Pronunciation: ( juj), [key]
—n., v., judged, judg•ing.
1. a public officer authorized to hear and decide cases in a court of law; a magistrate charged with the administration of justice.
2. a person appointed to decide in any competition, contest, or matter at issue; authorized arbiter: the judges of a beauty contest.
3. a person qualified to pass a critical judgment: a good judge of horses.
4. an administrative head of Israel in the period between the death of Joshua and the accession to the throne by Saul.
5. (esp. in rural areas) a county official with supervisory duties, often employed part-time or on an honorary basis.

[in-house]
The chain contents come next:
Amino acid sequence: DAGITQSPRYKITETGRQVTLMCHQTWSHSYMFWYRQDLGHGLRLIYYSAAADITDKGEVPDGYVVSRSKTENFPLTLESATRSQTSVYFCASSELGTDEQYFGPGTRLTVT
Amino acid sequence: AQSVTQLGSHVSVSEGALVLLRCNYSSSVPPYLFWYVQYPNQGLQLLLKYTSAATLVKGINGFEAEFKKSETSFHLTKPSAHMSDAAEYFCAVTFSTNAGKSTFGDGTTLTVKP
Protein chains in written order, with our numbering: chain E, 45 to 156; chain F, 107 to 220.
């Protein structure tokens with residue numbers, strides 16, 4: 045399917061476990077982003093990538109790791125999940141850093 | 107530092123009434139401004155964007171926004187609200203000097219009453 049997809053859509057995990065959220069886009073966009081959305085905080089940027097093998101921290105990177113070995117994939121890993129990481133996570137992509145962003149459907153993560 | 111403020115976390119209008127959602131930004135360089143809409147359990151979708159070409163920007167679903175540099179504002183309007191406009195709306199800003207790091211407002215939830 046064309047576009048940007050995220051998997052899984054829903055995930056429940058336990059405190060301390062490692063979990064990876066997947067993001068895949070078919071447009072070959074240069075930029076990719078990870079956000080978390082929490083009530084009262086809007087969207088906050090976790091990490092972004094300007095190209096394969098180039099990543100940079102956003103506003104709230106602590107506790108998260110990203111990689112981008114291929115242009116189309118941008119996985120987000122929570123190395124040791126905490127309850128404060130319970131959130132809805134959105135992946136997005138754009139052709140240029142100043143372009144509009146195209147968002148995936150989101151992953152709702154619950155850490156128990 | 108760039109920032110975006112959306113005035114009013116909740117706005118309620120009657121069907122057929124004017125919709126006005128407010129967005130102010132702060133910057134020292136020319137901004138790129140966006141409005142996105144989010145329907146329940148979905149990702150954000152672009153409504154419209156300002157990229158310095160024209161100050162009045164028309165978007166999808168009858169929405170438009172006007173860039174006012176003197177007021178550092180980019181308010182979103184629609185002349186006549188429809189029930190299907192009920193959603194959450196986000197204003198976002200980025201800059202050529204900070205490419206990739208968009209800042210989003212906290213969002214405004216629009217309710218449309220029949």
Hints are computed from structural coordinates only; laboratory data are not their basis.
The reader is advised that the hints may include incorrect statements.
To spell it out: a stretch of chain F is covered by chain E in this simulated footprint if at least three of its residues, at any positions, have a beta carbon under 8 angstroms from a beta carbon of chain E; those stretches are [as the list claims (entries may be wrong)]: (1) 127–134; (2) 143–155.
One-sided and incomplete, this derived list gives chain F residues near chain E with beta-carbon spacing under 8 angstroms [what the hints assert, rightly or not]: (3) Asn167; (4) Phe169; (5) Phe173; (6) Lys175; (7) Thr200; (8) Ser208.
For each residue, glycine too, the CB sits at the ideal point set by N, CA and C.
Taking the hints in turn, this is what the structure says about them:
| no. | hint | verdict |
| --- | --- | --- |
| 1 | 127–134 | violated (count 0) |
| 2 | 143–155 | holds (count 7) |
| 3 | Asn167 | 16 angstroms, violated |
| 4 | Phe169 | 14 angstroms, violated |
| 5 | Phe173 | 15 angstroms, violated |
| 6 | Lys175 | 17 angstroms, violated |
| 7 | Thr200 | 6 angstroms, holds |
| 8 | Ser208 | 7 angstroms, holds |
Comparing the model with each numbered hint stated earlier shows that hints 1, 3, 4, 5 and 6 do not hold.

1. to pass legal judgment on; pass sentence on (a person): The court judged him guilty.
2. to hear evidence or legal arguments in (a case) in order to pass judgment; adjudicate; try: The Supreme Court is judging that case.
3. to form a judgment or opinion of; decide upon critically: You can't judge a book by its cover.
4. to decide or settle authoritatively; adjudge: The censor judged the book obscene and forbade its sale.
5. to infer, think, or hold as an opinion; conclude about or assess: He judged her to be correct.
6. to make a careful guess about; estimate: We judged the distance to be about four miles.
7. (of the ancient Hebrew judges) to govern.
1. to act as a judge; pass judgment: No one would judge between us.
2. to form an opinion or estimate: I have heard the evidence and will judge accordingly.
3. to make a mental judgment.
Random House Unabridged Dictionary, Copyright © 1997, by Random House, Inc., on Infoplease.